Traditionally, parents could rely on a relative to care for children while they worked (grandma, aunt).  Nowadays, grandma is as likely to be in the workforce as the parent or doesn’t live nearby.  Families move more than they did in the past; there isn’t a relative nearby or close neighbor you’ve known for a long time to rely on to care for children.  More and more parents have to rely on outside people and institutions to care for their children.
Children are left on their own at younger ages than in the past.  Where we used to rarely see a child younger than 12 or 13 at home on their own after school, now it is fairly common to see children as young as 8 with no adult supervision or protection from the time they come home from school until parents get home from work.  And these children are sometimes responsible for caring for younger siblings until the parent comes home from work.
When children are sick, they are frequently left at home alone because there is no satisfactory care situation for them.  Sometimes parents take their own sick days to care for their sick kids and hope that they don’t get ill themselves.  Or when they do get ill themselves, they go in to work anyway - this leads to problems, too - co-workers who are exposed to illness, not being very productive at the job, etc.

Types of Child Care and Regulation
Other than relatives caring for children, common situations are childcare center, family day care provider, or in-home caregiver.  Some of the particulars of each of these are listed below.
Family Child Care Providers
- Individual, usually female, cares for child in her home.
- Usually least expensive type of care.
- No licensing in state of Ohio, although other states do have licensing for this type of care.
- Can be certified through Dept. of Jobs and Families to care for children who qualify for Title XX funds.  Families getting assistance to pay for child care must be working a certain number of hours a week, or be in a job training/education program, or be going to college.  Family income and family size are also taken into consideration.  Caregiver is certified and goes through a process that includes sheriff’s background check of all who live in the home, also has to have working telephone, two exits to outside, smoke detectors, fire extinguisher, other regulations.  There are several inspections of the home during the year (some are announced and some are unannounced).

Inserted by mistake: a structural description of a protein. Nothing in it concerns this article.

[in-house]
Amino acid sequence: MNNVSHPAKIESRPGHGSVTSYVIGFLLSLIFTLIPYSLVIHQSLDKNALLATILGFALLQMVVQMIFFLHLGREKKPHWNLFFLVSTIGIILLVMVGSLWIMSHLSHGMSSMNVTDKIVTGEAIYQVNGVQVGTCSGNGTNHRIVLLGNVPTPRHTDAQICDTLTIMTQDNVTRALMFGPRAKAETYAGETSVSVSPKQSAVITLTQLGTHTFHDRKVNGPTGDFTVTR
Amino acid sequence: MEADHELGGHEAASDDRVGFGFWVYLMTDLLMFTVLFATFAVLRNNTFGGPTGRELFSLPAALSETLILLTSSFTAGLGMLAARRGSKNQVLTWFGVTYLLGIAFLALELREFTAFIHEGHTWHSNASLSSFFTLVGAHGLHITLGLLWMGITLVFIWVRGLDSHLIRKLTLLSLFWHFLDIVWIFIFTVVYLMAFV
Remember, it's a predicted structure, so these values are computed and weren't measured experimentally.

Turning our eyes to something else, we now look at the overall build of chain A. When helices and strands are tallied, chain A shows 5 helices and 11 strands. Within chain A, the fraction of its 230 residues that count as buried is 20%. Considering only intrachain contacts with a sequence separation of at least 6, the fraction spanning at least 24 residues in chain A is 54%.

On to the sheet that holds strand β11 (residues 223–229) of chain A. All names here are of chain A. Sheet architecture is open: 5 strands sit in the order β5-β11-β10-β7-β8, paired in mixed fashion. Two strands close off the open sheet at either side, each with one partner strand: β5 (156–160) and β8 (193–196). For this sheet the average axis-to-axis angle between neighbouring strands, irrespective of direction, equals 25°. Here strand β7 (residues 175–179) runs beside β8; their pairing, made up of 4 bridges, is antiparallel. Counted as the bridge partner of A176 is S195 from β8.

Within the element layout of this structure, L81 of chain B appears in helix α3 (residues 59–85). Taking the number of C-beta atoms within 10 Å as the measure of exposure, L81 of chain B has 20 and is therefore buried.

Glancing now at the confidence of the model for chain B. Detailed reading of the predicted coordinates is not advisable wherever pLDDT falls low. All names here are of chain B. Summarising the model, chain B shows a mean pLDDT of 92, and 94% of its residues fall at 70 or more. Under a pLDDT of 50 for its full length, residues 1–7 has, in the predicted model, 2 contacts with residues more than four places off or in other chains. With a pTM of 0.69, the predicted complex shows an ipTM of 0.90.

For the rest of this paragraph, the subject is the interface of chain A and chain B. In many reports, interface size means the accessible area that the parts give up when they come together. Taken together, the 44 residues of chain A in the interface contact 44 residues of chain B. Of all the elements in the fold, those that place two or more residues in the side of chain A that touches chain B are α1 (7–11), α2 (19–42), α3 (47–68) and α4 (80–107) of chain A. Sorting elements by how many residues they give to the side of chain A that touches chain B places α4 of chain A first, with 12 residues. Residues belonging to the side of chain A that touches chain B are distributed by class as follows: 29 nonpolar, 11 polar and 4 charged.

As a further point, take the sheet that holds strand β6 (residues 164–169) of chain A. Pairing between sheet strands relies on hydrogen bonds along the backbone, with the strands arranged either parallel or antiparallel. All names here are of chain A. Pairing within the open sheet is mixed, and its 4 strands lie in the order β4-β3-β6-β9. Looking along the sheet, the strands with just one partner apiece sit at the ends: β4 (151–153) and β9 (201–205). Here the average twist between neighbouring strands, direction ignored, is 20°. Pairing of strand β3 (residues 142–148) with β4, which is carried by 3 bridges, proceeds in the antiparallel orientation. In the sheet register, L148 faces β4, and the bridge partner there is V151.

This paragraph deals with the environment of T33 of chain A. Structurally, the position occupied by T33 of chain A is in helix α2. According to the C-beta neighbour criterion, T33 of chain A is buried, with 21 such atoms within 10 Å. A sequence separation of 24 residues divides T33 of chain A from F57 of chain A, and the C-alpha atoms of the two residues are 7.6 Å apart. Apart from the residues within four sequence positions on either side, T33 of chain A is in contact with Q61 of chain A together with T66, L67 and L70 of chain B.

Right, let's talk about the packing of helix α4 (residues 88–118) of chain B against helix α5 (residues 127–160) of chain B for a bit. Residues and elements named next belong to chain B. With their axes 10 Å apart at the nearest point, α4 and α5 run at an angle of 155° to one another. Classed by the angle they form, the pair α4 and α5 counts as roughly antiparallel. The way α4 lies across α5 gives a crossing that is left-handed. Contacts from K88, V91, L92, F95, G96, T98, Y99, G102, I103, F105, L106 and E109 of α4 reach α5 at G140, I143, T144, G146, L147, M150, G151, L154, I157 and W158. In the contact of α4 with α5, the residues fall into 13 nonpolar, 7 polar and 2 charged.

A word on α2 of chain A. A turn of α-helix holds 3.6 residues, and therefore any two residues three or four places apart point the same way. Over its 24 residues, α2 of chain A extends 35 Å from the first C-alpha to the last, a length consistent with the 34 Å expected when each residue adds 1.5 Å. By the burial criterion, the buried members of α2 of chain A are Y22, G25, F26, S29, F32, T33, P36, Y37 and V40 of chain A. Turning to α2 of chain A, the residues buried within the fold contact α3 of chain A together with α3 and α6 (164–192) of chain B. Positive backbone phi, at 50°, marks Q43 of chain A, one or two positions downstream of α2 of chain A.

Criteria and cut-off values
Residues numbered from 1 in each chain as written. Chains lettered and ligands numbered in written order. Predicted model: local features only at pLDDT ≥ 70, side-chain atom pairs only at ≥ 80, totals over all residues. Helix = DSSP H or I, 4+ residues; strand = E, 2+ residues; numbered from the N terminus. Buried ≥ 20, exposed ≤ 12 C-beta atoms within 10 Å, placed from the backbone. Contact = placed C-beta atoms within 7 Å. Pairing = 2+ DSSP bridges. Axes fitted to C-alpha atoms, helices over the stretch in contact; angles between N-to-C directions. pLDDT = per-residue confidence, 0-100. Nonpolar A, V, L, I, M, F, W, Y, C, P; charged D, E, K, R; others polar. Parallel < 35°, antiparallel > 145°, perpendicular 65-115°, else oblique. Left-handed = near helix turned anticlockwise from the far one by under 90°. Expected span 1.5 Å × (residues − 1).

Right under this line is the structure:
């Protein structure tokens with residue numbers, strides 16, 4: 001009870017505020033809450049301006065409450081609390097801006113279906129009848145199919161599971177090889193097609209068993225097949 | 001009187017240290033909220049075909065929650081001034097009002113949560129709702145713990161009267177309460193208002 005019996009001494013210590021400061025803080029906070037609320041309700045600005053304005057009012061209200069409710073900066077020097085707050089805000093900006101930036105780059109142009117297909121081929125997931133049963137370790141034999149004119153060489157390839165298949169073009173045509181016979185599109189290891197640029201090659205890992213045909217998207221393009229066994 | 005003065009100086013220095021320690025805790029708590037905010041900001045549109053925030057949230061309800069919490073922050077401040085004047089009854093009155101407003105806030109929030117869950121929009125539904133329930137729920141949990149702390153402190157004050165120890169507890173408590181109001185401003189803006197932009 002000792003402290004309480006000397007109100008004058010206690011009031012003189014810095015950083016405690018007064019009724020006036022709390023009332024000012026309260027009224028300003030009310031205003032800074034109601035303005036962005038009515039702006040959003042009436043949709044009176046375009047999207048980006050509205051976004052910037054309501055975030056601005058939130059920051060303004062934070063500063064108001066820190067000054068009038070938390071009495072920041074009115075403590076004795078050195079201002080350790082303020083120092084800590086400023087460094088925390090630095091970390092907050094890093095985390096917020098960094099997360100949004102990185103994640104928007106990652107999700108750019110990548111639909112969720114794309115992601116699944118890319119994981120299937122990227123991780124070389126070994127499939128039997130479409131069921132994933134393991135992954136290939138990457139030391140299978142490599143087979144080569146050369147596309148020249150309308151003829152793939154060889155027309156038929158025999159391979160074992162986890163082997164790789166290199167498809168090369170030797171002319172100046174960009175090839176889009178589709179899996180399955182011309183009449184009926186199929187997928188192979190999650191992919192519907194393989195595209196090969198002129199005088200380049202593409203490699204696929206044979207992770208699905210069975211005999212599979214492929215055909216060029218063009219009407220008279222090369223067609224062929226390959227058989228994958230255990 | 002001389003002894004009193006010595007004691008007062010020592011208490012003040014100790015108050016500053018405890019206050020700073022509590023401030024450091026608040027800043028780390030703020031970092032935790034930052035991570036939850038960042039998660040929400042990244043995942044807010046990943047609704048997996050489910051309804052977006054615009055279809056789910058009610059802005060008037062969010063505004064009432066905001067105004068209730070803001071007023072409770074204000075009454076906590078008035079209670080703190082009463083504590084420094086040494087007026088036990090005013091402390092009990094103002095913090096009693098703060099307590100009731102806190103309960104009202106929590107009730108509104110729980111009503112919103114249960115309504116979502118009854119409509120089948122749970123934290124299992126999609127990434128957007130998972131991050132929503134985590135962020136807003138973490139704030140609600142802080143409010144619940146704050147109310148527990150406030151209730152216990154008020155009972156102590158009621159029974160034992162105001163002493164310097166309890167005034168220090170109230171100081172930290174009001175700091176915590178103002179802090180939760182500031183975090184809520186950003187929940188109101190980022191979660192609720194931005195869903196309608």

- Can only care for six children at a time.  If caregiver has children of her own under the age of six, they must be counted in the six.  There is also a limit on number of infants that can be cared for.
Child Care Centers
- Most are licensed, and license must be renewed periodically.  Licensed centers should have up-to-date license displayed where it is easily seen.
 
- Licensing is specific about rules and regulations regarding space needs, toileting, food preparation, etc.  Ratios are listed below:
Under 12 months                      1 adult to 5 children
12-18 months                           1 adult to 6 children
18-30 months                           1 adult to 7 children
30 months-3 years                    1 adult to 8 children
3 year olds                               1 adult to 12 children
4-5 year olds                            1 adult to 14 children
School age                               1 adult to 18 children
11-15years old             1 adult to 20 children
- An individual must have a high school diploma to work in a center (according to licensing regulations in Ohio), although most centers require some coursework in child development, early childhood education, etc.  At this point the norm is for individuals to have at least a two-year degree in child development or early childhood.  The Head Start centers in our area have mandated that within the next few years, they will begin to require that all their staff have four-year degrees.  Licensed centers also require that within one year of being hired, staff must have 6 hours of child abuse training 6 hours of first aid training, and 6 hours of communicable disease training.  This is periodically updated with 3 additional hours of each.